More gays and lesbians are referring to their significant other as “husband” or “wife” instead of “partner” or “spouse” in the wake of the U.S. Supreme Court’s ruling in favor of same-sex marriage, according to an unscientific survey conducted by one Washington Post columnist.
Openly gay columnist Steven Petrow (right) writes that prior to Obergefell, a Community Marketing and Insights survey found that the majority of same-sex couples preferred “partner” or “spouse” to “husband” or “wife.” But Petrow says when he recently posed the question on social media, 90 percent of the 200 people who responded said they now use “husband” or “wife.”
In response to an inquiry from a Houston man about what he should call his spouse, Petrow writes that he believes it’s important for same-sex couples to use “husband” or “wife”:
While it’s up to you to decide whether to refer to yourselves as significant others, spouses, lovers, partners or husbands, I’m urging “husbands.” I say this for a number of reasons — the overriding one being the Supreme Court’s Obergefell v. Hodges ruling in June that legalized same-sex marriage in all 50 states. You are entitled to claim your beau as your husband.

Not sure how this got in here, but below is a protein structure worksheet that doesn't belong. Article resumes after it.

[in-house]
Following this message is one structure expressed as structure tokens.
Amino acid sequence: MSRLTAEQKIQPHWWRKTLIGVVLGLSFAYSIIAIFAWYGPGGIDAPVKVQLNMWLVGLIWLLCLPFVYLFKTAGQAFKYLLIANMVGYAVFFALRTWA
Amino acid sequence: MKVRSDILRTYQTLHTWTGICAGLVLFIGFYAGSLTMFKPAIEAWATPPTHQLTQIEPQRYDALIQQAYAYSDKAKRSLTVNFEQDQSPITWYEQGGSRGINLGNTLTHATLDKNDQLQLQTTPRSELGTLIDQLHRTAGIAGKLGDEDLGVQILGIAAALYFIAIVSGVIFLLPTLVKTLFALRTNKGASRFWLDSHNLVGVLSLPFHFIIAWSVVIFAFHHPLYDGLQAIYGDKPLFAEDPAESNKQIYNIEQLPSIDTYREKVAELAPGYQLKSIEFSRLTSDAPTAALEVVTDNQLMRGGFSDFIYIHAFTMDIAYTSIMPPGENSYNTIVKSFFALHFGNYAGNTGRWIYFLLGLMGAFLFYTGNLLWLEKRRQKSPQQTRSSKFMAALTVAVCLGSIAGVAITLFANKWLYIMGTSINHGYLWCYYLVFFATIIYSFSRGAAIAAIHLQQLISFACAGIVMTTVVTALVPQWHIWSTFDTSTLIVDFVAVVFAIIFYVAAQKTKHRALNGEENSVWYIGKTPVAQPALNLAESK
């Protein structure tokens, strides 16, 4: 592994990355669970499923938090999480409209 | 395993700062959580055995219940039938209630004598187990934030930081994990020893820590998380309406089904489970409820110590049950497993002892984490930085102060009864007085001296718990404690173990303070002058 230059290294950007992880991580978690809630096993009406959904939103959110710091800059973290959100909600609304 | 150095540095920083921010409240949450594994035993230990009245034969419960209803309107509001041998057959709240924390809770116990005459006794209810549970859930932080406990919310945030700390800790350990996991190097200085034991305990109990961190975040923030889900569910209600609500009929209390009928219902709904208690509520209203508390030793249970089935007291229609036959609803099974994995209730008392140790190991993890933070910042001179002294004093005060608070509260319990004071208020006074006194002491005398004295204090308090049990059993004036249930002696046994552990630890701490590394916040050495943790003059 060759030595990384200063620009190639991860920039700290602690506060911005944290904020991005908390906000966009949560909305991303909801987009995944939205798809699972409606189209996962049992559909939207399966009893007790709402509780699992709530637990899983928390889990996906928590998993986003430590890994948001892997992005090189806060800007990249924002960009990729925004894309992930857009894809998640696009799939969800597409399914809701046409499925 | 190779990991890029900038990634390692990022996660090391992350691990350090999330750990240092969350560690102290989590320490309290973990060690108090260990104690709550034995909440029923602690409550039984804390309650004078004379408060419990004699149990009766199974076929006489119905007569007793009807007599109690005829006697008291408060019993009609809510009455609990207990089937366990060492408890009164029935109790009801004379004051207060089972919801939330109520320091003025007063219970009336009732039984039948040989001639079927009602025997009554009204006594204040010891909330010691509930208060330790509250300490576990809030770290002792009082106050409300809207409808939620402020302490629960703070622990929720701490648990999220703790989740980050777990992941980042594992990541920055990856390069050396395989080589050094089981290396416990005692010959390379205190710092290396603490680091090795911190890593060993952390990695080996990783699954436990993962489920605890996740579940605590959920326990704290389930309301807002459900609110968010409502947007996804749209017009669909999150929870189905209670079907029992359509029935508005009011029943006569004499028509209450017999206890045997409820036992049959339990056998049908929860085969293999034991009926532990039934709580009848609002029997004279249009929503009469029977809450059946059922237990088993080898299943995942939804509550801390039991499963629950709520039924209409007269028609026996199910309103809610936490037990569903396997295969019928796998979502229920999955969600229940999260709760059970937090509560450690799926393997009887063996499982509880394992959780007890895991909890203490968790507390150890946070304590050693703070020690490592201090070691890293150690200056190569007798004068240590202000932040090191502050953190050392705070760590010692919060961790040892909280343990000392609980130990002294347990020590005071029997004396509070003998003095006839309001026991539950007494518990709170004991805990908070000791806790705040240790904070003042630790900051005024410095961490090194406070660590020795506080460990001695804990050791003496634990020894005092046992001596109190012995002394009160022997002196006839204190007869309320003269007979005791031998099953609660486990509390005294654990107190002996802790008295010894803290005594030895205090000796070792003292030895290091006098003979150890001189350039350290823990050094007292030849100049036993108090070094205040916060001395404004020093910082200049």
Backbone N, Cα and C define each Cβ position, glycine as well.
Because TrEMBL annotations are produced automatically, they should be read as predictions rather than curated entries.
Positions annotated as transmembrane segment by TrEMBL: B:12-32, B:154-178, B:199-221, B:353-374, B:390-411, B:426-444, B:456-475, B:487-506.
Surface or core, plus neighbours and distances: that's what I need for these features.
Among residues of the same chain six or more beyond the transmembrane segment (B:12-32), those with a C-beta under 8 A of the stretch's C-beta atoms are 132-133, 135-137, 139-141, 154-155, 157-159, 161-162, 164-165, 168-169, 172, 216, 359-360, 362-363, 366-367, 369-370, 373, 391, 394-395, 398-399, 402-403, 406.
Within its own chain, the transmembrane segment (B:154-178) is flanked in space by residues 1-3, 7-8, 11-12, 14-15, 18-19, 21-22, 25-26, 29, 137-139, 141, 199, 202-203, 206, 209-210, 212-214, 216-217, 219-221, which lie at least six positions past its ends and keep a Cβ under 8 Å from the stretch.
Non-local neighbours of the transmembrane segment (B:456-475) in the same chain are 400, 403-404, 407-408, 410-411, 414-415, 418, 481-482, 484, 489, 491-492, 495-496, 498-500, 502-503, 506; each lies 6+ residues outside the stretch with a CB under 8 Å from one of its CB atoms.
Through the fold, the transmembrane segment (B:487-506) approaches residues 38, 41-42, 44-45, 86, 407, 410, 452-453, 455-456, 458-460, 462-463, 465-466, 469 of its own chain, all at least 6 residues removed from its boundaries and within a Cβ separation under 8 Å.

“For many same-sex couples, the use of the terms ‘husband’ and ‘wife’ are powerful reminders to others that their marriage is fully equal in every way,” Marc Solomon, author of “Winning Marriage: The Inside Story of How Same-Sex Couples Took on the Politicians and Pundits and Won,” also told me.
Petrow writes that geography doesn’t appear to play a role in what people call their spouses, but younger same-sex couples are more likely to use “husband” or “wife.” He also notes that internalized homophobia can sometimes be a factor in the decision:
One gay man explained that he had to overcome his “shame-based” reaction to using “husband,” while another explained he chose to use “spouse” or “partner” to obfuscate their same-sex relationship in a professional setting.
But it’s in exactly those instances — like when I was bellied up to the “Brokeback Mountain” bar in Wyoming and told a stranger that I had a “partner” because I felt unsafe — that I think the word most needs to be heard. Simon Sheppard, a longtime gay rights activist, reminded me that it “sounds perilously close to justification for the closet” by not presenting as a couple.
If you’re married, how do you refer to spouse and why? Let us know in the comments.